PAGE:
Album review

Audio Bullys : Ego War

Audio Bullys : Ego WarMore often than not when a band announces their eclectic influences you know it's bullshit. If they really spent their formative years listening to Captain Beefheart and The Clash then why do they sound like a cross between The Charlatans and Oasis? Of course there are exceptions, and Audio Bullys are one of them.
    The Specials were the obvious reference point for breakthrough single We Don't Care; Simon Franks' yobbish 'come an' have a go if you think you're hard enough' vocals sounding spookily similar to Terry Hall on Too Much Too Young. It's not until your hear Turned Away that you realise that not only have Simon and co-Bully Tom Dinsdale listened to The Specials, but they've understood them. Turned Away echoes Ghost Town's story of urban decay perfectly.
    The ska-lite rhythms of The Police are in there too, as is a twisted sample of Elvis Costello's (I Don't Want To Go To) Chelsea on Way Too Long. Don't get the idea that Audio Bullys are peddling some sort of 70s/80s pop pastiche though, as disc-spinner Dinsdale has obviously spent way too much time immersed in London's jungle and house scenes. This clash of the old and the new has resulted in a unique and refreshing sound.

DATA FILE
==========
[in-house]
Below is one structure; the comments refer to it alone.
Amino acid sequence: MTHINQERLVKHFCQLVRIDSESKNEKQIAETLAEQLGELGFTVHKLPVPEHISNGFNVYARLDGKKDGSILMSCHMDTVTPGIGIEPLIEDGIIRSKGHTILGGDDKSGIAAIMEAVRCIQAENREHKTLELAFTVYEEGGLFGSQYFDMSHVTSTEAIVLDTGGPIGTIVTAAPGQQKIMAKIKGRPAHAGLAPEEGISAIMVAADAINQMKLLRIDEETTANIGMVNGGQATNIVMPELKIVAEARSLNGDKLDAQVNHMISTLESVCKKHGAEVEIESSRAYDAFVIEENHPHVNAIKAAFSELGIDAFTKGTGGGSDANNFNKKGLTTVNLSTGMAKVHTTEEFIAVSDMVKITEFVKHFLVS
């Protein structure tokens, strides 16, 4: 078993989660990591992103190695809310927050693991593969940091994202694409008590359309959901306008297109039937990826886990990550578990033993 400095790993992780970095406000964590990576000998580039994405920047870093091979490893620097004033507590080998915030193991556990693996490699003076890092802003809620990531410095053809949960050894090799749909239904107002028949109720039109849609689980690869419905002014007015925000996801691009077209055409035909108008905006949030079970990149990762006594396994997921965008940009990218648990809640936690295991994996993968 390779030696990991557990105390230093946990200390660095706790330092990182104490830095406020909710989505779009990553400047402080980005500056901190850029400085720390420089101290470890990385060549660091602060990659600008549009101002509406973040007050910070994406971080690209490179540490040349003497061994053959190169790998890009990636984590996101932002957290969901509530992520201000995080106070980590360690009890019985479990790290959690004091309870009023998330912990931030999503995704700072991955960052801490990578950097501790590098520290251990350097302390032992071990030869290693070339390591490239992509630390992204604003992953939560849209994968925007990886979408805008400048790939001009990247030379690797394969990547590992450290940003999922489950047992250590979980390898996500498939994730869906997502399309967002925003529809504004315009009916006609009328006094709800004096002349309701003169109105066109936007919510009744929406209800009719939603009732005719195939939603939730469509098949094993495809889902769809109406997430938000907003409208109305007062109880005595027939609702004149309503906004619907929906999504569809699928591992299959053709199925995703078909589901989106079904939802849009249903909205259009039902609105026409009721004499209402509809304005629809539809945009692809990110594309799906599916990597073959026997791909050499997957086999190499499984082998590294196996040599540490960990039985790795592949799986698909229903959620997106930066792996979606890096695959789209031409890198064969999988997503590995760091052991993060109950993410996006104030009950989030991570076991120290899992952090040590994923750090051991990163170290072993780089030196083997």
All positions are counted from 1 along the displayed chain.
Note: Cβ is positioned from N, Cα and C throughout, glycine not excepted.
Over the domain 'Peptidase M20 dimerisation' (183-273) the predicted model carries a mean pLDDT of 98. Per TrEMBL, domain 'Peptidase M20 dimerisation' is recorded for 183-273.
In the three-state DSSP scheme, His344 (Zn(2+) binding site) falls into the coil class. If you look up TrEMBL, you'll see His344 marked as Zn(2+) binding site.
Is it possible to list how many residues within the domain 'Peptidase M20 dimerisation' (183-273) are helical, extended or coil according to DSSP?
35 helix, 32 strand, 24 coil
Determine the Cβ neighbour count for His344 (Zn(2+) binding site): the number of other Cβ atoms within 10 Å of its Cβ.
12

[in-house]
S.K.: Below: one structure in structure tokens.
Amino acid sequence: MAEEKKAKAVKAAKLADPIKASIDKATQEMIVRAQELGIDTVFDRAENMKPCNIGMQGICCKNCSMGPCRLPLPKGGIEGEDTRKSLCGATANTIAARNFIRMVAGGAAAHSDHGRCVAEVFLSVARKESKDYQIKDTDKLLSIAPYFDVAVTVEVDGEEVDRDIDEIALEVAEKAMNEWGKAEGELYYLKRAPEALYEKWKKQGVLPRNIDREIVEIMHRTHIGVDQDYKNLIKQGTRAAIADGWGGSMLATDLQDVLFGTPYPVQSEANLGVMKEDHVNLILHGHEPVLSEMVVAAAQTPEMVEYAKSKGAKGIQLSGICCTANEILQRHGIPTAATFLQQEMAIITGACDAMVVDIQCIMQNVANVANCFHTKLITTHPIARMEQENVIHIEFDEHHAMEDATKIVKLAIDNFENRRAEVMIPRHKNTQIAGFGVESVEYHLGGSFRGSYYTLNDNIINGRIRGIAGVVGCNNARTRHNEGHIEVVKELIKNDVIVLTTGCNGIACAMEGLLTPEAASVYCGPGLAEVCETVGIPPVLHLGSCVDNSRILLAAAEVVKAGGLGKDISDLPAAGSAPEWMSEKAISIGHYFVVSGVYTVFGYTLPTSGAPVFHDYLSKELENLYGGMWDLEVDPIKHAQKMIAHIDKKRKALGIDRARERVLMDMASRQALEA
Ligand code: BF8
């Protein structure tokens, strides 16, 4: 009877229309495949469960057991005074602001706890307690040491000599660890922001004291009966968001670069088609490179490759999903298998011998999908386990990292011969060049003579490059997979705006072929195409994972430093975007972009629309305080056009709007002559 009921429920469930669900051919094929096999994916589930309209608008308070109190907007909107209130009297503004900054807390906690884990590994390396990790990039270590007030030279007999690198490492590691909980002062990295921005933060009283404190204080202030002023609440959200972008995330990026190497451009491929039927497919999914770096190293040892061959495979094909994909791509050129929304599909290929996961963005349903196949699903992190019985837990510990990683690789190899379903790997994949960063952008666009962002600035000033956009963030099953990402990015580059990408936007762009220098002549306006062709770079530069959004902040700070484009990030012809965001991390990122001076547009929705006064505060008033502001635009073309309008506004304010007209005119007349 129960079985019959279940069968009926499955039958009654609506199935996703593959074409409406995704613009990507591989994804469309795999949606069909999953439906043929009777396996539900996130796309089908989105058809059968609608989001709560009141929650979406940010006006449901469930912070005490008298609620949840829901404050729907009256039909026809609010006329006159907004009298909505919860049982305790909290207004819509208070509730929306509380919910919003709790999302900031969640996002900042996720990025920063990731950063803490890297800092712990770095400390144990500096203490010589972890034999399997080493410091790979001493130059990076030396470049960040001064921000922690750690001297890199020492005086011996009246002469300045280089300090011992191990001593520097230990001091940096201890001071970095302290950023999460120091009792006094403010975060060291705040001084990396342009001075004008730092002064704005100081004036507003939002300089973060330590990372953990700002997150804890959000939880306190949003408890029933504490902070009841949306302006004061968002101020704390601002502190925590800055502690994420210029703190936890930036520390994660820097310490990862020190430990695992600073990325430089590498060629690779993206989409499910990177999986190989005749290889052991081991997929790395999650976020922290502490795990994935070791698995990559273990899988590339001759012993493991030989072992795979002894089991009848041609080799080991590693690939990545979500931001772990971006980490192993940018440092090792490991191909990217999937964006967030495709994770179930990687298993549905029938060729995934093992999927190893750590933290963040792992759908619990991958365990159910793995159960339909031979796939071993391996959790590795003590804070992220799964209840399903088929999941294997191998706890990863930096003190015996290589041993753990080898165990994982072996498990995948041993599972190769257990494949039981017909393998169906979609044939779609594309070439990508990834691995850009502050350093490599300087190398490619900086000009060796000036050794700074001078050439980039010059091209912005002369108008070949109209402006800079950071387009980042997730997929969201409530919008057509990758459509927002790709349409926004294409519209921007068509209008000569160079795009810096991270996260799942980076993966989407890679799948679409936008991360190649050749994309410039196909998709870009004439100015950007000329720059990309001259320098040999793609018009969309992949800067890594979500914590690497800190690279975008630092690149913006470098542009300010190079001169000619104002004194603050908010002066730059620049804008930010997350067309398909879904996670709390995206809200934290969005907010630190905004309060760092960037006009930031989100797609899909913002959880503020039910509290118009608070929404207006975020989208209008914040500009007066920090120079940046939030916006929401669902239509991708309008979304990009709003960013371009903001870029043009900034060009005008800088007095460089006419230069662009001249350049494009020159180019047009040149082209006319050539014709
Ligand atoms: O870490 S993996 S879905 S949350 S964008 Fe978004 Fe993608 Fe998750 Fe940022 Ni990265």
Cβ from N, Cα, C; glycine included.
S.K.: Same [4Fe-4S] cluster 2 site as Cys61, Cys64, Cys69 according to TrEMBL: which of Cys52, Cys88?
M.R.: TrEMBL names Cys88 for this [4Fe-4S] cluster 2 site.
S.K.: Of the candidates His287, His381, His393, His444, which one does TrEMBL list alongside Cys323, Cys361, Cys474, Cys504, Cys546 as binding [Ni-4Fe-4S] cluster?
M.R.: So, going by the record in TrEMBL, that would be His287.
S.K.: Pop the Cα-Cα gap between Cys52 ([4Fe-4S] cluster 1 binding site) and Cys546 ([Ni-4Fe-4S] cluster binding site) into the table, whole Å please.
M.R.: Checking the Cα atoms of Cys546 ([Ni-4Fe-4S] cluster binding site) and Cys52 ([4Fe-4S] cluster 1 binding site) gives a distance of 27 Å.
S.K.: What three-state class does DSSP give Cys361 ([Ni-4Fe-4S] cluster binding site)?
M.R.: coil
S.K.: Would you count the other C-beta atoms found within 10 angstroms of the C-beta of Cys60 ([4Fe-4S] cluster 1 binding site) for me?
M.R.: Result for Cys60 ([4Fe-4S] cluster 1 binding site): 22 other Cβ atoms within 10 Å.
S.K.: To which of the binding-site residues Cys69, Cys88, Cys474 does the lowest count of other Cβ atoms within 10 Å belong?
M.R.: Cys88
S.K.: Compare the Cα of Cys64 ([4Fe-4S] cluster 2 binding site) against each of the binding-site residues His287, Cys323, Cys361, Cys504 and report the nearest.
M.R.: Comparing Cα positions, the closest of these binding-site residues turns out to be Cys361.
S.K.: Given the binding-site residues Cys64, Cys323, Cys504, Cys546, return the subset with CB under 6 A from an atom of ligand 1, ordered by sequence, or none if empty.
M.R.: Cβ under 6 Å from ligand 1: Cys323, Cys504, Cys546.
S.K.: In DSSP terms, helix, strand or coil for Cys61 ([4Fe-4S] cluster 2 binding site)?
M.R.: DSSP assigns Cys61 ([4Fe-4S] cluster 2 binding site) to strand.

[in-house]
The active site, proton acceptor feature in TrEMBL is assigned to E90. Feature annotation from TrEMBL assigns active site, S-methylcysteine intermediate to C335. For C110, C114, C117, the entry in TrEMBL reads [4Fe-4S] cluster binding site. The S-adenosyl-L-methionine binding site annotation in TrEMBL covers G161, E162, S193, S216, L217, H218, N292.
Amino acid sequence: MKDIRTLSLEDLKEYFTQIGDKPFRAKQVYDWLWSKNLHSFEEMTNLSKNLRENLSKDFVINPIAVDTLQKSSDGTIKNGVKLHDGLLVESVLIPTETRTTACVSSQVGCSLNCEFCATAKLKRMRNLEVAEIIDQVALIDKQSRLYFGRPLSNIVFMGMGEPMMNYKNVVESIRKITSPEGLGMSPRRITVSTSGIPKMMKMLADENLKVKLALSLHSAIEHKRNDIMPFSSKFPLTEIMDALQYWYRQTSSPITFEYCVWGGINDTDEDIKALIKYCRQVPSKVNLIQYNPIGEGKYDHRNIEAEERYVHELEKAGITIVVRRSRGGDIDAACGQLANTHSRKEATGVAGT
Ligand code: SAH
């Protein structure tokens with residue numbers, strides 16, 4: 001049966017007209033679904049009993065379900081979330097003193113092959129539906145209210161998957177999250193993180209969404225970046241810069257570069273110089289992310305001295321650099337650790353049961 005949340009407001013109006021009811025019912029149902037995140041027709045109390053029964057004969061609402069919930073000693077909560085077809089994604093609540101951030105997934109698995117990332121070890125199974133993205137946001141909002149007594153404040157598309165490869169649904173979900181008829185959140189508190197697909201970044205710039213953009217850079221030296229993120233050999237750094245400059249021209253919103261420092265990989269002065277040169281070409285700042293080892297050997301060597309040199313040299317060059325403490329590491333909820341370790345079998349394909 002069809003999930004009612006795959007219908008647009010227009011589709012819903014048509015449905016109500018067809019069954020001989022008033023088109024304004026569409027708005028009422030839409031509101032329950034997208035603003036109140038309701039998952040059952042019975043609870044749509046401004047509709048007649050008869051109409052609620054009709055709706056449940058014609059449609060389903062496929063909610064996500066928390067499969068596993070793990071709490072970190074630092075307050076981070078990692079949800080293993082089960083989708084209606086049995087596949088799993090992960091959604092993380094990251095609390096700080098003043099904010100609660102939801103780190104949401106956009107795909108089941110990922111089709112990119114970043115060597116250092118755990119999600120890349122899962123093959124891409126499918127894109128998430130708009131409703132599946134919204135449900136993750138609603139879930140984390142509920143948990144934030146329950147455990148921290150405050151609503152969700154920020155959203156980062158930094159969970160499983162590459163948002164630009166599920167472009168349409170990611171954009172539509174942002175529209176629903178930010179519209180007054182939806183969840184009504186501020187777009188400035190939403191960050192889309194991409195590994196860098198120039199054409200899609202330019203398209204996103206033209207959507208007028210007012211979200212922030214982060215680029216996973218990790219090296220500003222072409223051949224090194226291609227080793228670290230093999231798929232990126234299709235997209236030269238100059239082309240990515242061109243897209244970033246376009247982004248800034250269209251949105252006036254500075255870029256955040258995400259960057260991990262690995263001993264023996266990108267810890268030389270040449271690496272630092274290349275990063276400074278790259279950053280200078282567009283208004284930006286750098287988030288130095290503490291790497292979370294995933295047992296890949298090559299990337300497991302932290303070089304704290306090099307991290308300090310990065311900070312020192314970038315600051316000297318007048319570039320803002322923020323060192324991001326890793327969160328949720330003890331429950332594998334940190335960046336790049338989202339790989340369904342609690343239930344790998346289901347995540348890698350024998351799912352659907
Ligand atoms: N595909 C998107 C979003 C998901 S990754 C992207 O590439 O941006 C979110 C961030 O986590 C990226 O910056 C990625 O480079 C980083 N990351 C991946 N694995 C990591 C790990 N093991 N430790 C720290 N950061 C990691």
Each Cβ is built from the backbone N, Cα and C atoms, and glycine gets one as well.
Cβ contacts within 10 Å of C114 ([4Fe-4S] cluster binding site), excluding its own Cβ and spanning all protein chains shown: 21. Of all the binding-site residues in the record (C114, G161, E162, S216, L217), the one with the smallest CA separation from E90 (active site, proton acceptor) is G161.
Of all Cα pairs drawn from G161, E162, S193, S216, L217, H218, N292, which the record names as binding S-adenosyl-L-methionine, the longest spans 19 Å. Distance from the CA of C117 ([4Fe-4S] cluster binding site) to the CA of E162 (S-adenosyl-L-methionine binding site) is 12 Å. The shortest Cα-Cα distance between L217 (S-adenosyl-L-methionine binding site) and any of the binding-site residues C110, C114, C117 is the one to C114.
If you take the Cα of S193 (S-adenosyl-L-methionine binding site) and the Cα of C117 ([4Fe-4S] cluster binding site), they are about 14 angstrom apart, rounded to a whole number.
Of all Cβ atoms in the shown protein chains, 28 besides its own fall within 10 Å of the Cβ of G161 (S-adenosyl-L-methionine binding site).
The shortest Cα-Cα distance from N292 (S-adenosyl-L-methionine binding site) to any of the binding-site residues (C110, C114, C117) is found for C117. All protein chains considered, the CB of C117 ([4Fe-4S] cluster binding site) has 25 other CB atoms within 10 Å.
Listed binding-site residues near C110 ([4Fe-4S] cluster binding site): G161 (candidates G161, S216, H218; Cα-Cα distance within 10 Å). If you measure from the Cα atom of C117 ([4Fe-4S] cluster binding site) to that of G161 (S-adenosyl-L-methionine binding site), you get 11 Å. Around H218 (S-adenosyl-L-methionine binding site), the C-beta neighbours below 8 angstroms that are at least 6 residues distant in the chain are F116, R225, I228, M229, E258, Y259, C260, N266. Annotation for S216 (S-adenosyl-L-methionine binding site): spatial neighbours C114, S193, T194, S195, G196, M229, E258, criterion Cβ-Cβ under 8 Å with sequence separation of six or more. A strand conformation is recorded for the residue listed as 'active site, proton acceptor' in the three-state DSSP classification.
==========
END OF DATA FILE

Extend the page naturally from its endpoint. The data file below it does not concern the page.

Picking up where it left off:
At the core, Audio Bullys are essentially a dance/rap hybrid, so the other influences are the vocal ones. The duo would cite Notorious B.I.G. and Method Man, but the obvious London accent and street level wheelin' an' dealin' lyrical themes can't help but remind me of Mike Skinner, otherwise known as The Streets. That's no problem though, as The Streets' debut was both innovative and enjoyable, as is Ego War.
    "Packet of Bens an' a bag of tens, it's a suburban ego war," sings Franks on the album closing title track. It's time to pick sides.

:: Rowan Shaeffer

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